Luther Price

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On view through Halloween, Luther Price’s “The Dry Remains” beats Viennese Actionist Hermann Nitsch’s blood-red acrylic paintings at Marc Straus as the Lower East Side’s most morbid show this season. The Massachusetts-based artist plumbs the subject of decay, an interest that was amplified profoundly when he was shot and nearly killed 30 years ago. Four mummified-looking sculptures produced in 1984 and ’85—one made before his injury and three made afterward—frame a collection of image-based work that both depicts and undergoes degradation. While his new paintings dutifully extend his interest in collaged serial images of meat and tarnished materials, his slide projection pieces, based on earlier films, are much more captivating. The quasi-psychedelic Sugar Factures, comprising slides and an audio recording, shows images broken down by the sweet substance, while Meat Chapter 3 (both 2015), projected from three carousels, combines photographic images of families with surgical ones in the same frame. With their serial nature and horror-show sensibility, Price’s slide works are a surprising descendent of Warhol’s “Death and Disaster” series.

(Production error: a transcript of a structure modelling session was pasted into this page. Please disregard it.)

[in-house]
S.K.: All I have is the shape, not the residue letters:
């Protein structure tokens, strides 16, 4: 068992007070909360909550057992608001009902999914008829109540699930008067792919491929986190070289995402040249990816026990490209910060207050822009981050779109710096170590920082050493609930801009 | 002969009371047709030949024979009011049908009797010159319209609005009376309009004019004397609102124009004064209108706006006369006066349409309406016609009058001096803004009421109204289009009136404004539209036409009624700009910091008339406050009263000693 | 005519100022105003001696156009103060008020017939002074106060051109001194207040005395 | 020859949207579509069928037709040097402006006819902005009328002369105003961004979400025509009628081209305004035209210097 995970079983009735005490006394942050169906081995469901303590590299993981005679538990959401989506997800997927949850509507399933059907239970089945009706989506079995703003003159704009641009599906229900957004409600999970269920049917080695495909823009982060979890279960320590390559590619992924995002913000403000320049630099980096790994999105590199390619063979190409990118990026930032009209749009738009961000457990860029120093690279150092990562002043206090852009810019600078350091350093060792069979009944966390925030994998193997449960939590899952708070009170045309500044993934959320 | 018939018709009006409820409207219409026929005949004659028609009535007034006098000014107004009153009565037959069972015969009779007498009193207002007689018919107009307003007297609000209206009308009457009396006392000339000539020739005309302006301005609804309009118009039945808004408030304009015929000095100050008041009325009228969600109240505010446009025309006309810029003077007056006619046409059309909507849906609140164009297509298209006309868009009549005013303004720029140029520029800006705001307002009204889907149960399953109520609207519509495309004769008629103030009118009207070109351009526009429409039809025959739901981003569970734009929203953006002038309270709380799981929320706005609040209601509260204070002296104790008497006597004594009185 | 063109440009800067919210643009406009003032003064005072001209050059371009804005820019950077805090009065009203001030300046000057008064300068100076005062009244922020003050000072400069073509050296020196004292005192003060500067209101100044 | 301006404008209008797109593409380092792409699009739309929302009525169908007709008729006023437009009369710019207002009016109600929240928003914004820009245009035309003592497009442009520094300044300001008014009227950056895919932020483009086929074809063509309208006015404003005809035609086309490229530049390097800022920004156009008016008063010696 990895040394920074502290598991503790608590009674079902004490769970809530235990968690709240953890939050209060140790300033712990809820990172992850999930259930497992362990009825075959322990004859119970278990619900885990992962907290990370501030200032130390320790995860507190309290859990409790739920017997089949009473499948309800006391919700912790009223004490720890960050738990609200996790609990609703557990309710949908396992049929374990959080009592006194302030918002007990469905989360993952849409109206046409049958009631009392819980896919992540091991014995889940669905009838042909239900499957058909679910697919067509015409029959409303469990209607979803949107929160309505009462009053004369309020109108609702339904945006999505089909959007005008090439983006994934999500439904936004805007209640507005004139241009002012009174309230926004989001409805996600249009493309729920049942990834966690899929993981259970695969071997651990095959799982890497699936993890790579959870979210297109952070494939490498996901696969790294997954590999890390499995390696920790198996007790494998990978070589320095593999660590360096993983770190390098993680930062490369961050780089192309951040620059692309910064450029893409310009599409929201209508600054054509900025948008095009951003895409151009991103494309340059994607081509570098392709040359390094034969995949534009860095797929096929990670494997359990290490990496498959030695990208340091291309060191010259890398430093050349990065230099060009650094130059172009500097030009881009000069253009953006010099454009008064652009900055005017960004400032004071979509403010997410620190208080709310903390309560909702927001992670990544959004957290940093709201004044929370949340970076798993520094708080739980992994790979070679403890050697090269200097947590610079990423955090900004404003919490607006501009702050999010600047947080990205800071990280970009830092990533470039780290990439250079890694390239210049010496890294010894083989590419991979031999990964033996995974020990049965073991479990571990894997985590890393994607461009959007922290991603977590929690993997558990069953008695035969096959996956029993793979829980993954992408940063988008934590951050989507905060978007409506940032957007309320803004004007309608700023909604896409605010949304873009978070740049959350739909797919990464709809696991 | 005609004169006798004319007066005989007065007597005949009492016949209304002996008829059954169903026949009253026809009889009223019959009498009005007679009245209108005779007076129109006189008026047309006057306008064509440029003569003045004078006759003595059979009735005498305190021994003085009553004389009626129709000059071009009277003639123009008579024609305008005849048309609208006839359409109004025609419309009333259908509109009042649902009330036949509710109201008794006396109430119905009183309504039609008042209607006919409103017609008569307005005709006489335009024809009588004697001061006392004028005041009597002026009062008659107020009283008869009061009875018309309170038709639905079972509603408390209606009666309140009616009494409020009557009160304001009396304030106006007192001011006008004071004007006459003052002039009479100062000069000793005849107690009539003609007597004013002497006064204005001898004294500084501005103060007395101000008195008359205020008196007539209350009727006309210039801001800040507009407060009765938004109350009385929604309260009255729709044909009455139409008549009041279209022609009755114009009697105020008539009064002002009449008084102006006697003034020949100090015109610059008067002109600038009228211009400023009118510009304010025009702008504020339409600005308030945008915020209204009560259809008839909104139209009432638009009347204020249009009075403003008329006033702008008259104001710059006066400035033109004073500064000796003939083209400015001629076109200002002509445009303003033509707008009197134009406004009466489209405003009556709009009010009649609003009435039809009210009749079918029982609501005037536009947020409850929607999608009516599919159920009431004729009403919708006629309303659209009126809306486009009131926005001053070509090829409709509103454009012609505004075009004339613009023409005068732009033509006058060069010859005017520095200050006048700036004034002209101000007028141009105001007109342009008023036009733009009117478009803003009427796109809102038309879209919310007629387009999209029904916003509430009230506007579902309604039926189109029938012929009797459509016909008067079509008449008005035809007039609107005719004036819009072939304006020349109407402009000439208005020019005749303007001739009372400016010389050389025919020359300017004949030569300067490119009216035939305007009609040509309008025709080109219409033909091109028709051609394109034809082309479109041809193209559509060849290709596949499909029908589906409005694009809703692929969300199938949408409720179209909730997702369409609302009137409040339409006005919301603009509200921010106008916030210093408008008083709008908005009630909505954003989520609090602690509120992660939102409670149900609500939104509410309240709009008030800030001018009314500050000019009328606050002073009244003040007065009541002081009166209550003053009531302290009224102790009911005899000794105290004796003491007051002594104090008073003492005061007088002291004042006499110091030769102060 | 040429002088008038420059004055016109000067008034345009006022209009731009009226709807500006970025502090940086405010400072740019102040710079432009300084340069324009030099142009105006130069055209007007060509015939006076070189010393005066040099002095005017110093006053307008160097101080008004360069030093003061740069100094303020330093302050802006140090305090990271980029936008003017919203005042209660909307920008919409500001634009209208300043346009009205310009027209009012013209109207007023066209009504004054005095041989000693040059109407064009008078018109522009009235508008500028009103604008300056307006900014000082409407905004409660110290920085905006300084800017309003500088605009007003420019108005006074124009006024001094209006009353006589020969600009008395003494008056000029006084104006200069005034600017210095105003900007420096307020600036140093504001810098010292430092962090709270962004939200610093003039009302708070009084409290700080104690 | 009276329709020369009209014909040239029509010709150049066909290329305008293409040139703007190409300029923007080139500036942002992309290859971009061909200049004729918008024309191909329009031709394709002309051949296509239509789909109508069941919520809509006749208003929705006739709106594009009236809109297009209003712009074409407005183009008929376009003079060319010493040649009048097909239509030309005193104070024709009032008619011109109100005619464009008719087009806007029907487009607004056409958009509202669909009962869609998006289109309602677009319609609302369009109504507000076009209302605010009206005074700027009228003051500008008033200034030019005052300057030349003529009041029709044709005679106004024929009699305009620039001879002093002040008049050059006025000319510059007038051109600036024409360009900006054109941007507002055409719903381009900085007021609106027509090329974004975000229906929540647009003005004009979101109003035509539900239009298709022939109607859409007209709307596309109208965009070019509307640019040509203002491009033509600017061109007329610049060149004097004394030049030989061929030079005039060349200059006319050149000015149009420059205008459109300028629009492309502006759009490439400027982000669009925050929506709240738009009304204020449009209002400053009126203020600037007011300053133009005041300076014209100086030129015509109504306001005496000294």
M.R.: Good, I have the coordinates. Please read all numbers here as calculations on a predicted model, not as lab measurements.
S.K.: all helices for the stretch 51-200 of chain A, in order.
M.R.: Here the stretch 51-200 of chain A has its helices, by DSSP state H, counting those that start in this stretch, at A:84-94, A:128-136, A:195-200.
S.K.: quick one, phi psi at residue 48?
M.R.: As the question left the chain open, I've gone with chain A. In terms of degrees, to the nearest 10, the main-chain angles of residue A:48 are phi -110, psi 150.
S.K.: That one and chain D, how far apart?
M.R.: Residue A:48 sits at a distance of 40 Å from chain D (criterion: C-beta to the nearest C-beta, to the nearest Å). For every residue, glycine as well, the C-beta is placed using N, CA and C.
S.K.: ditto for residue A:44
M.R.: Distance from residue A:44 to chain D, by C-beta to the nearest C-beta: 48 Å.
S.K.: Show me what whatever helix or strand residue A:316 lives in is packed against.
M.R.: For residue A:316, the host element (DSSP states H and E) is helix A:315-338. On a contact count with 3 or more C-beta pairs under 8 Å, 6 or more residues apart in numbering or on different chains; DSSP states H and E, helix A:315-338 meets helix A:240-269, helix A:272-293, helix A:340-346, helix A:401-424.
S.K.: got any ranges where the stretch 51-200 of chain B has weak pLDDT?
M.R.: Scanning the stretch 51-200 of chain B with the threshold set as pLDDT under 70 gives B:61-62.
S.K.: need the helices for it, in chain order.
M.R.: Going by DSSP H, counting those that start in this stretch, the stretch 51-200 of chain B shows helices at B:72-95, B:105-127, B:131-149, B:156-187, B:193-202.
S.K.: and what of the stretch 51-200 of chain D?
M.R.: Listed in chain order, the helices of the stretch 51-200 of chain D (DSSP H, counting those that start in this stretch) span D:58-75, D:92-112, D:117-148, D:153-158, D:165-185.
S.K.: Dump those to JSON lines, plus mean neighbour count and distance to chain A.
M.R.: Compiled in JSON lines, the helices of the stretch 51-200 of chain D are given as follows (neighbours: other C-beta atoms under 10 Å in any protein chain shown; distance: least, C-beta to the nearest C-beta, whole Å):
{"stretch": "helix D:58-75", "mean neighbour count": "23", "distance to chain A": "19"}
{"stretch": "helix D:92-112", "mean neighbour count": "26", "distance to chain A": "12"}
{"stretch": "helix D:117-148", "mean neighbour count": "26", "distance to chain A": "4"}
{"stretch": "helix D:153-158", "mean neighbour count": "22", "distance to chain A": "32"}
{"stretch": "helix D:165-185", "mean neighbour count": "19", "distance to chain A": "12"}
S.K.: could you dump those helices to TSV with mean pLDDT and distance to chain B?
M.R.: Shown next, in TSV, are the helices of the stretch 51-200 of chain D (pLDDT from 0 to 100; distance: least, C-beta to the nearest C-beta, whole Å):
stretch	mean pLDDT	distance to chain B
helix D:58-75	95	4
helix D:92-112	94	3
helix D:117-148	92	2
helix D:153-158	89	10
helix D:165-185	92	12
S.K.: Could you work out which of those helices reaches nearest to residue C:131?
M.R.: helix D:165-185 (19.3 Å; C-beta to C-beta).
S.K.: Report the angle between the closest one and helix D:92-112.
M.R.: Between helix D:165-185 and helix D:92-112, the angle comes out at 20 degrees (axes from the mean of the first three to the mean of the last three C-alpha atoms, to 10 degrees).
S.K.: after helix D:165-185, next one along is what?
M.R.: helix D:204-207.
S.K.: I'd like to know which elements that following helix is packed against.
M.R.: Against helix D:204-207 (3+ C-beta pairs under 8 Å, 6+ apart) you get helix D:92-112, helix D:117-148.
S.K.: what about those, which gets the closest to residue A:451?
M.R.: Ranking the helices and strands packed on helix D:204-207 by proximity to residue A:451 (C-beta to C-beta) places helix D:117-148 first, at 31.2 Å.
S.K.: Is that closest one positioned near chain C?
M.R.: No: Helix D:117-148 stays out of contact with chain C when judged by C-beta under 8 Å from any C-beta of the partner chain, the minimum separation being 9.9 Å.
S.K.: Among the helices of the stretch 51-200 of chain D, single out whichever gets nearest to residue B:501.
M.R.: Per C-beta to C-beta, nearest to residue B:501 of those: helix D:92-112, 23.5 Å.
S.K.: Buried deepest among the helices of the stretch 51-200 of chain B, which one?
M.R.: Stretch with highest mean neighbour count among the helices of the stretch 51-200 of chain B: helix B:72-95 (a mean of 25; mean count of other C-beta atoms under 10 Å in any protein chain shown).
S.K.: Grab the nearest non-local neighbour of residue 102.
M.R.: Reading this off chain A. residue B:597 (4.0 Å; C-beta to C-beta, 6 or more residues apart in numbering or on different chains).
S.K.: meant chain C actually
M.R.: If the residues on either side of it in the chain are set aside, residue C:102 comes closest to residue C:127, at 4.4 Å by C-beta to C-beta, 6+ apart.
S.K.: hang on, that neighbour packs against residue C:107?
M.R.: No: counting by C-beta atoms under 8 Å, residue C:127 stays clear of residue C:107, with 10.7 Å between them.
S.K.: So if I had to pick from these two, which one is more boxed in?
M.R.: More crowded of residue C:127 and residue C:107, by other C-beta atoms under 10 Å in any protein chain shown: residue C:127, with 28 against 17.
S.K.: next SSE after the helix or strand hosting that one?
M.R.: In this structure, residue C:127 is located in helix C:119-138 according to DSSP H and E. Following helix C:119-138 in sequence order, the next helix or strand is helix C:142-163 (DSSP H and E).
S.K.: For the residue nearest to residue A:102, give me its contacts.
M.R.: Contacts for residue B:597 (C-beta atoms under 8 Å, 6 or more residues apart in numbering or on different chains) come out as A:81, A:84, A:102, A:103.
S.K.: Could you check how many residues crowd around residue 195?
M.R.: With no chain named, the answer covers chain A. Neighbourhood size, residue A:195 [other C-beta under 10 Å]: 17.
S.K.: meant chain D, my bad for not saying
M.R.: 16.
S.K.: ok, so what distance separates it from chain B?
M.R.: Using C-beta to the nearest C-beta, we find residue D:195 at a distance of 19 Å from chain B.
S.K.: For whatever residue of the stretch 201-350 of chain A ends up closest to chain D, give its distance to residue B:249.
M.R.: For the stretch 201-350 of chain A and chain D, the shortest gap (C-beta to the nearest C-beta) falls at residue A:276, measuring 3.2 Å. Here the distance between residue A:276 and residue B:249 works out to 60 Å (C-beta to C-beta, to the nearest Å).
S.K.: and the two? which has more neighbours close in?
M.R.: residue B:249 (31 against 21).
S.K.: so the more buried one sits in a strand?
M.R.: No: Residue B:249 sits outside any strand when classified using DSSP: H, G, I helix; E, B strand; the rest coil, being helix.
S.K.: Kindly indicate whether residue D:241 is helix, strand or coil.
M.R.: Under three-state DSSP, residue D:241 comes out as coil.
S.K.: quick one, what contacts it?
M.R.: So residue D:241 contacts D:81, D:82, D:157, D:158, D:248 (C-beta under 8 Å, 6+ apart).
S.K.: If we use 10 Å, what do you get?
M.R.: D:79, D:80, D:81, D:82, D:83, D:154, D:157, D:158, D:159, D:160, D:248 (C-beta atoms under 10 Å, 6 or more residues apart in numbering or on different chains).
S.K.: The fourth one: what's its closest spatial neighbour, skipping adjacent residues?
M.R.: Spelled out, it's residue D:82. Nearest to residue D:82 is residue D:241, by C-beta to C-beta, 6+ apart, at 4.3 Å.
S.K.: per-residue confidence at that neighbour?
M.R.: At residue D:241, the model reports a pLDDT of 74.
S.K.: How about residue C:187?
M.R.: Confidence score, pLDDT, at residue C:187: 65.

Pictured: Installation view of Luther Price’s “The Dry Remains,” 2015. Courtesy the artist and Callicoon Fine Arts, New York.

 

Luther Price

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Best known for his Super 8 films and slide projections covering topics ranging from his own traumatic family history to medical procedures, Luther Price was also, in the mid-‘80s, a sculptor (he stopped in 1986 to focus on film and performance). The work in “The Years Made Flies,” completed while Price was a student at the Massachusetts College of Art and Design, is predictably gruesome and creepy: seated life-size figures with missing limbs; a pile of spindly, antlike dead babies; and mixed-medium wall panels imbedded with twisted human bodies, trash, flags and other disconcerting materials.